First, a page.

Crabby Pâté With the economy spiraling downward, it’s a small wonder that one can still find a restaurant willing to pack their crab cakes with hearty chunks of crab meat. The Charleston Crab House serves sizeable crab cakes either as an entrée or in sandwich form complimented with, what has to be considered, the world’s most perfect kiaser roll. Eat on the waterfront on James Island, the rooftop downtown or the patio in Mt. Pleasant. Regardless, you can’t go wrong (! Looking for a place with more variety? The Southend Brewery in downtown Charleston has food for even the pickiest eaters! From their wood-fired pizzas to their baby back ribs, everything is made better by the warm glow emanating from the kitchen and the bustle from East Bay. Plus, let’s not forget about their oversized crab cakes and creamy stone-ground grits. Top that off with the beer sampler, and you won’t be disappointed (! Free Samples Who says nothing is free these days? Ms. Kim Elizabeth Whitley, who has been working at River Street Sweets on Market Street for 11 years, will sing you a different song, literally! Take a walk on the Market, sans tourists, and not only will you hear Ms. Whitley offering up “Freeeeee Samples!” but the enticing scent of warm pralines will have you on your twinkle toes floating toward the scent of heaven, visible vapors entering your nose, Fred Flintstone style. Once you try this amazing sweet, you won’t hesitate dropping a few bucks for the real deal. Hands down, no one can compete with this recipe (www.! If you’re not in the mood for pralines (in which case your sanity must be questioned), you’ll want to wander up the road to the corner of East Bay and Market. There, you will find Charleston’s Candy Kitchen as well as a vast array of free samples! You can try anything, from every flavor of fudge imaginable to the extraordinary variety of ice cream flavors. Regardless, you will undoubtedly be tempted to purchase a treat to take along on your stroll (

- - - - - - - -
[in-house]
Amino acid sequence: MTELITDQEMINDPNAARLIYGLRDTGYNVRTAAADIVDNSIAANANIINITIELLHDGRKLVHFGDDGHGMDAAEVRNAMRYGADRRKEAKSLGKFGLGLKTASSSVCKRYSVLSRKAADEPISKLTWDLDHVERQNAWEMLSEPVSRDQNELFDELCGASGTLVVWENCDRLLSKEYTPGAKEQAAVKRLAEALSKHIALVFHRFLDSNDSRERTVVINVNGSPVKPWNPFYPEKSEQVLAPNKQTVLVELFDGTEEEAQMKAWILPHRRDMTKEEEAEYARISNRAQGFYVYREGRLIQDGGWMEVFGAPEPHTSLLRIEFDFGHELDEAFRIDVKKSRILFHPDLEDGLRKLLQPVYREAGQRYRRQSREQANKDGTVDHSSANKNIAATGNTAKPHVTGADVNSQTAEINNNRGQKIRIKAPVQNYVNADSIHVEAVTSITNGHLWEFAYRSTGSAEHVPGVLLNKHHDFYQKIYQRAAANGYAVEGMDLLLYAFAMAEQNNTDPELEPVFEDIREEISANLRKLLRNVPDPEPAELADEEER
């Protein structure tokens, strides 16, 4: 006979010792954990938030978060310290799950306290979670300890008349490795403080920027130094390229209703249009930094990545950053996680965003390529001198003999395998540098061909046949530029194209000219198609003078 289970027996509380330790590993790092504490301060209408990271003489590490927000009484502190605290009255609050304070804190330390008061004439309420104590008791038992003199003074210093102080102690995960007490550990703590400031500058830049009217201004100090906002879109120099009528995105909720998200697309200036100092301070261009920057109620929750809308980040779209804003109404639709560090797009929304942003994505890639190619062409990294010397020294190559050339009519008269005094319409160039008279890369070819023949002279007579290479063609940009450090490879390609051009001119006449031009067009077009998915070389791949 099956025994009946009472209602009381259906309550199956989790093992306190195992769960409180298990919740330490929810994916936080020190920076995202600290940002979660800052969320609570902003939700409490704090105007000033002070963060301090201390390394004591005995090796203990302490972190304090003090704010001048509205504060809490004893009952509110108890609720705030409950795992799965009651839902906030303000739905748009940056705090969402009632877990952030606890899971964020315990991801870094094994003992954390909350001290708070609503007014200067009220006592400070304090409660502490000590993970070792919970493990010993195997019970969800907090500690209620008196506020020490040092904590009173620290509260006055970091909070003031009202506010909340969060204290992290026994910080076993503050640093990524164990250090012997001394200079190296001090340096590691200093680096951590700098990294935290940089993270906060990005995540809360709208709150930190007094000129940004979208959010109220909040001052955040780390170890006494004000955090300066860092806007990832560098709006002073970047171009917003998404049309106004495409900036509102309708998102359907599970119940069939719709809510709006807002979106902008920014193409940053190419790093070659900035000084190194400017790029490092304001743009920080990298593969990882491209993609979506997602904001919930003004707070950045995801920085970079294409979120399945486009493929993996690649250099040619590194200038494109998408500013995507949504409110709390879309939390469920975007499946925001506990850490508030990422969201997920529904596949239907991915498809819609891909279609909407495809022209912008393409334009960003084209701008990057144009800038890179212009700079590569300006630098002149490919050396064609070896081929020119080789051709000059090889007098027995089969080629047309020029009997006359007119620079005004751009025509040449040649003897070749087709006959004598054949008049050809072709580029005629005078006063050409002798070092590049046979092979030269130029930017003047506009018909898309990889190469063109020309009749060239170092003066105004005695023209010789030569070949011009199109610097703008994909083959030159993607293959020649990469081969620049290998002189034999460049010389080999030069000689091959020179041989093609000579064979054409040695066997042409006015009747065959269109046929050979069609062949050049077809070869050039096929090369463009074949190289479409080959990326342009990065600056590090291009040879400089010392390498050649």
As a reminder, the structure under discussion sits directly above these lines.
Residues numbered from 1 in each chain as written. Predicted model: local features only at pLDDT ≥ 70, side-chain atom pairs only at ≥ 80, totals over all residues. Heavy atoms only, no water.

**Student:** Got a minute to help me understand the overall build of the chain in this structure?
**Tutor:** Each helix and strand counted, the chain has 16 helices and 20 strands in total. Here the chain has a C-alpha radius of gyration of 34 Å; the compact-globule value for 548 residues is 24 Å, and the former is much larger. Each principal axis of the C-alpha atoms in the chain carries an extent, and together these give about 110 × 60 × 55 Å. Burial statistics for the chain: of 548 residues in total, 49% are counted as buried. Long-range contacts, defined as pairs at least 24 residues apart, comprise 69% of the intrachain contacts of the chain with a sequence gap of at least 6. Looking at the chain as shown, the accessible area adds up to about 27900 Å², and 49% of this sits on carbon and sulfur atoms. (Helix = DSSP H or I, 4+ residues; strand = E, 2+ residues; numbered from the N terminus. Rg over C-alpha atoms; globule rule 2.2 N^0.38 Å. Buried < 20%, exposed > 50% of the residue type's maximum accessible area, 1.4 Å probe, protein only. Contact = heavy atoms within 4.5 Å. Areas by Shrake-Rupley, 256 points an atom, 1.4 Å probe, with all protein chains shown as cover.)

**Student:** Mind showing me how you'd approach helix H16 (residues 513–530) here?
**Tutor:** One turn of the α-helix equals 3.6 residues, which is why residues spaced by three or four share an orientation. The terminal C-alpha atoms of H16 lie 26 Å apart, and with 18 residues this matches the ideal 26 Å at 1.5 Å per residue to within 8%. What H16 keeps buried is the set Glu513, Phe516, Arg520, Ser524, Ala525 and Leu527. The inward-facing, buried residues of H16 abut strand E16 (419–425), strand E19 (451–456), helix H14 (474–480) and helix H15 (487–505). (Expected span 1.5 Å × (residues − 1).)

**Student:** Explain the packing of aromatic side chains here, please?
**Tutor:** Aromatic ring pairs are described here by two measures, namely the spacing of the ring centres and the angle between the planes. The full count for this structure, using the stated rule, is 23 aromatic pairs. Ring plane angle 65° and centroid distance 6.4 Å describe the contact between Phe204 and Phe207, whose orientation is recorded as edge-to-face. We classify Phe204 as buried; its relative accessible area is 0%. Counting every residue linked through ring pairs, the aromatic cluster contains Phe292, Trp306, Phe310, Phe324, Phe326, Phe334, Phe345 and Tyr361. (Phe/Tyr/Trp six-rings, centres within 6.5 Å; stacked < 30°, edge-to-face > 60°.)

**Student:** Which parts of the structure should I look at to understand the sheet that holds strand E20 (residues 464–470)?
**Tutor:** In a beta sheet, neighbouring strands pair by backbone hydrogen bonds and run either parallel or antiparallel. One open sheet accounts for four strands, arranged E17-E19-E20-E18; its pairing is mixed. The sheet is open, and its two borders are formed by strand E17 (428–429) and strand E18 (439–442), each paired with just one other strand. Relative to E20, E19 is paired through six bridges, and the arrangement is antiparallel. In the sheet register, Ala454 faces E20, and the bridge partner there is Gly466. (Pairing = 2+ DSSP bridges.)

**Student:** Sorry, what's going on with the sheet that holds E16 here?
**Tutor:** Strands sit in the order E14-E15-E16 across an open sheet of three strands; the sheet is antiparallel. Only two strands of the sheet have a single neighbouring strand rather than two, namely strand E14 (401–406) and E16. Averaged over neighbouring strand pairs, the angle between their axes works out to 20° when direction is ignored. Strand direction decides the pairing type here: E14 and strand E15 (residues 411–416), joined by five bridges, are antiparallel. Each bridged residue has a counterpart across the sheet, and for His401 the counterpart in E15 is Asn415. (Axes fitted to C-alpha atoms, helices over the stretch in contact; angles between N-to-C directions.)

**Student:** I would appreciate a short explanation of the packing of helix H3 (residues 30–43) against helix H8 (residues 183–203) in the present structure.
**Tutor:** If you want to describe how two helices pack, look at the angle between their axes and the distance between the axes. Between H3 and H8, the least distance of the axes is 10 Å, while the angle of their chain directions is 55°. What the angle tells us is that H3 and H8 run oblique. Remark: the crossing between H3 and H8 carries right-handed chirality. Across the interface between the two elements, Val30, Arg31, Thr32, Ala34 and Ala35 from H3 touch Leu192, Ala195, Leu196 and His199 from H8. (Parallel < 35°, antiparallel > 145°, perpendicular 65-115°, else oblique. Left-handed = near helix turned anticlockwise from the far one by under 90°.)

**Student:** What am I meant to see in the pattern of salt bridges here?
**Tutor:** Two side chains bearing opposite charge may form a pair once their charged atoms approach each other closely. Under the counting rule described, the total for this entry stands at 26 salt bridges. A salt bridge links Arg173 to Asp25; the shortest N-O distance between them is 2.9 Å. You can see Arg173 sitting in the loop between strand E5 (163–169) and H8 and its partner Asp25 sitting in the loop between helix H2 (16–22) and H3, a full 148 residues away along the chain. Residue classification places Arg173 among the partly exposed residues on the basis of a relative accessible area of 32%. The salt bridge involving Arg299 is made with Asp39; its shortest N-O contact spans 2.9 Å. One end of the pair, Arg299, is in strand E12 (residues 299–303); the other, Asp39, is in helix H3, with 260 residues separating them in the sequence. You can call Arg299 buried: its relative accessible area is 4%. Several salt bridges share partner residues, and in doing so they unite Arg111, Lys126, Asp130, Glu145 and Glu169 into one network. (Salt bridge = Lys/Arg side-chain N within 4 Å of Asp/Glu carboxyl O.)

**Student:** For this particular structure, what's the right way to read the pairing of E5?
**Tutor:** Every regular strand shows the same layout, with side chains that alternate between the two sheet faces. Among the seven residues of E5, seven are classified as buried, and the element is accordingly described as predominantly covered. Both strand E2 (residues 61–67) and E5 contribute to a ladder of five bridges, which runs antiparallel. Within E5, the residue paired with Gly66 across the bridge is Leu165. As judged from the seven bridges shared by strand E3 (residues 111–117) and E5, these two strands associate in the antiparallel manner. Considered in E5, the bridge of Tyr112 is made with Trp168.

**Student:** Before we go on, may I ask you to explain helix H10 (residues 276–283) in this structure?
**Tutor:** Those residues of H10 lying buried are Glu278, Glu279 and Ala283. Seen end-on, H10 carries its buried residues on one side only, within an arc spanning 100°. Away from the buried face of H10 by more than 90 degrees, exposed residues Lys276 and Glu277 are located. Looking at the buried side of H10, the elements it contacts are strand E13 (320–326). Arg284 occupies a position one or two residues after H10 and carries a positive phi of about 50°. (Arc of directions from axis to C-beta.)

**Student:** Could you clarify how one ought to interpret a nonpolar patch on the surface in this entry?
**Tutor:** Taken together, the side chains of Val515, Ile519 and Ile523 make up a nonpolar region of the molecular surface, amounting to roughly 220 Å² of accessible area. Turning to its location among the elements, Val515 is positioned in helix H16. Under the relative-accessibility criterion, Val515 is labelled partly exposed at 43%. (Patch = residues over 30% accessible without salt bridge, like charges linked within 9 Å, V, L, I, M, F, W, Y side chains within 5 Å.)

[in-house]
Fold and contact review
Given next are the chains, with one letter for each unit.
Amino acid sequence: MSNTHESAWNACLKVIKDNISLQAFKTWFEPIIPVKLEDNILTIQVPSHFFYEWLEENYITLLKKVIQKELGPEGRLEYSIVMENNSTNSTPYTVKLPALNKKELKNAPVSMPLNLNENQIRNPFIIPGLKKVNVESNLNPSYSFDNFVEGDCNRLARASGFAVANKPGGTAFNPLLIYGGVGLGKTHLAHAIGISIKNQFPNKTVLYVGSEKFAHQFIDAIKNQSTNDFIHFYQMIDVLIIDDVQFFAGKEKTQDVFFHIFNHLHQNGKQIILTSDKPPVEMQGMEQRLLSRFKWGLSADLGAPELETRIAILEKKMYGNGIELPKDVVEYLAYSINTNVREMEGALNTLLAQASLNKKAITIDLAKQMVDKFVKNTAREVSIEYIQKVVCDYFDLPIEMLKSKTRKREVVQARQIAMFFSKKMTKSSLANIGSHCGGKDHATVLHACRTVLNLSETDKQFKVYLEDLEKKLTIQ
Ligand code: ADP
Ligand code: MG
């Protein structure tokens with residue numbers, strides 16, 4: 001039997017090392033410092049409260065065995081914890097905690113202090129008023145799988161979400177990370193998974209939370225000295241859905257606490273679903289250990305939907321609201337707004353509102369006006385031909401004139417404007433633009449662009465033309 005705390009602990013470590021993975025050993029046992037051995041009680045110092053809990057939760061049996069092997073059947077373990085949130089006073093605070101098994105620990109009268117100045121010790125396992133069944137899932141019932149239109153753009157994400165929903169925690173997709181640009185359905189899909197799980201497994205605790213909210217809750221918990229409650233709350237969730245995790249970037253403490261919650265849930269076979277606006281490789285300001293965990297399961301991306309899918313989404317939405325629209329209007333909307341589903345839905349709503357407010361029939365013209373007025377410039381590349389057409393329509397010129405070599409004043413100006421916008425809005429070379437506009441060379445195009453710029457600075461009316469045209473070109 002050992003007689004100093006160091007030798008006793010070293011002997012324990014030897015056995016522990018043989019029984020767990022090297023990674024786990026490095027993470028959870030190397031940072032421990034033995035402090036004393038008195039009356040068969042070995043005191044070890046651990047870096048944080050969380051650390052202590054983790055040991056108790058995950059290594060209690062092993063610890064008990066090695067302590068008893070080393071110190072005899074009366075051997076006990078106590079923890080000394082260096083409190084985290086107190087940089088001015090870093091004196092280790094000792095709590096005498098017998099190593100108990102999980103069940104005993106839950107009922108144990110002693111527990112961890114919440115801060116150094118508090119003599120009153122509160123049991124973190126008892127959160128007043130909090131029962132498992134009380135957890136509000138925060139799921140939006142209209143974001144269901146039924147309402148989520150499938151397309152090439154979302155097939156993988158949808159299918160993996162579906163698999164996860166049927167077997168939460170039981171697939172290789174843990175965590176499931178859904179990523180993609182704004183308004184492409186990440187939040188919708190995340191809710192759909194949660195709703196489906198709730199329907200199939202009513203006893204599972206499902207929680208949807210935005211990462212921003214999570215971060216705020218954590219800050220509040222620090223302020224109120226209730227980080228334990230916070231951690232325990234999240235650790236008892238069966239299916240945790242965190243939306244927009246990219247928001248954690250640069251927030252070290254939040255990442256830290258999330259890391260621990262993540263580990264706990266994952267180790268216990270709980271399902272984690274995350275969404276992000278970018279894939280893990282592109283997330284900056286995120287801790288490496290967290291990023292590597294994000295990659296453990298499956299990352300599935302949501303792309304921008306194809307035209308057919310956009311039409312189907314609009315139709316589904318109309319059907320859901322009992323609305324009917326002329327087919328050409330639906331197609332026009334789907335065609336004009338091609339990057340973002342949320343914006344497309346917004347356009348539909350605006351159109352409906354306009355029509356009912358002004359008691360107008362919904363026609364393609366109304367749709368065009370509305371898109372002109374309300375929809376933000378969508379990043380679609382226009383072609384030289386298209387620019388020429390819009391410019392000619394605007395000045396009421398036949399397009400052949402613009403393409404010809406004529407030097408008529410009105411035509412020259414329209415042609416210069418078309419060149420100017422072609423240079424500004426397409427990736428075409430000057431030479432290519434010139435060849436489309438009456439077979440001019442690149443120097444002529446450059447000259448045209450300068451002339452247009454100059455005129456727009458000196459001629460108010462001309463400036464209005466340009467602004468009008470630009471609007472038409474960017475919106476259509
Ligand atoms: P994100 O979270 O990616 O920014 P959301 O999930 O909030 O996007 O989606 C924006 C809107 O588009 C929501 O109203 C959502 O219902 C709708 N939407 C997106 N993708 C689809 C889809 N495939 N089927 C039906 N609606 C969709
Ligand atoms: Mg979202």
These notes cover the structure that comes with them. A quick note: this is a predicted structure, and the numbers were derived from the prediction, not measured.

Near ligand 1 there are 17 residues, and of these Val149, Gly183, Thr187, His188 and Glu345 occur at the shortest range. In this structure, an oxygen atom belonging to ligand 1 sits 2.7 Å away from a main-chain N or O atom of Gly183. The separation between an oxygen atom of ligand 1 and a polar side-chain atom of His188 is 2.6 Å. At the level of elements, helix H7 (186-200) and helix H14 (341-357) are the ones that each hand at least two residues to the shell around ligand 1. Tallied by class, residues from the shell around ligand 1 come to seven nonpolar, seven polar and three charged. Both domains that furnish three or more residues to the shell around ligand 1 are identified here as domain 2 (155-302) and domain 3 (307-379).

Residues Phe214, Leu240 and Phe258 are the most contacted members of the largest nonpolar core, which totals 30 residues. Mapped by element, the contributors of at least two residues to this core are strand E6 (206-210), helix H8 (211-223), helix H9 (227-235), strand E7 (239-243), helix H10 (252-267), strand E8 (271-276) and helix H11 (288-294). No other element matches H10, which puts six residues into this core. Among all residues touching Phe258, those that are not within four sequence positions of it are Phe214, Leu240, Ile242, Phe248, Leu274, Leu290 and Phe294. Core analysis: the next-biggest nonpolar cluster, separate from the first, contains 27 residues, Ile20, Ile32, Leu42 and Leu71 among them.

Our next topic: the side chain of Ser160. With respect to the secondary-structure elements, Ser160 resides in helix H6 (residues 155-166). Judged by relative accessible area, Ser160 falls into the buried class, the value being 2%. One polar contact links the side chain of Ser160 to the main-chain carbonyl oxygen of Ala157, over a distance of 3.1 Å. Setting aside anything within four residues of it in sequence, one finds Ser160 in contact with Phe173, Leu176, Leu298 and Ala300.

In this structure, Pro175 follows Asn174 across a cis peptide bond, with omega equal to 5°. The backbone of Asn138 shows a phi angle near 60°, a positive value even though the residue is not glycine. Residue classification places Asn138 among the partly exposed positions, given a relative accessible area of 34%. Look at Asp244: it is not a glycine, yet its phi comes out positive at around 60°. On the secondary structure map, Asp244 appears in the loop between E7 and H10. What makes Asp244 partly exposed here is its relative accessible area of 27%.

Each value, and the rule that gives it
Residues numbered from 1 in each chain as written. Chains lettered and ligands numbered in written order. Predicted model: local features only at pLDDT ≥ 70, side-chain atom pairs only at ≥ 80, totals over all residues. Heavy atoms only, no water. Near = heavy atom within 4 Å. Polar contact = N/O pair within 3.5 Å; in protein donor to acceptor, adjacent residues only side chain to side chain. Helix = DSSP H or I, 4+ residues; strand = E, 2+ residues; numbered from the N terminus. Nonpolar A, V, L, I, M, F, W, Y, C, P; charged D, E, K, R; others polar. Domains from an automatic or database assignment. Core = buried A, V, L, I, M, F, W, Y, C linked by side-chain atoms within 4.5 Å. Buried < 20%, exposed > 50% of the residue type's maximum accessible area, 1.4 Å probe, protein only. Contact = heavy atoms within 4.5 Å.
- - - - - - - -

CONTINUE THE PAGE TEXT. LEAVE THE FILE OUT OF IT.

Santa’s Choice The Lowcountry may not get the snow you seek, but it can capture the spirit of the holidays all the same. For a low-key night on Folly Beach, cozy up next to your other half near the outdoor woodburning fireplace at Surf Bar. The colorful Christmas lights and servers, one of which whose actual name is Jesus, will certainly get you in the mood! Find more information on upcoming entertainment at Would you rather stay inland? If so, try Triangle Char & Bar in Avondale. Although they don’t have a server named Jesus, they do have the colorful lights and warmth associated with the holidays. They’ve recently transformed their once stationary façade into garage doors that allow for the cool breeze to remind you that winter is here ( Still looking for something with a little more clout? Mt. Pleasant’s Red Drum offers the upscale feel of downtown Charleston without actually having to endure the parking. The scent of the wood grill, warmth of the outdoor fireplace and coziness of the couches will bring you back to the reality that it is the holiday season. CHARLESTONSCOUTDOORS.COM //|24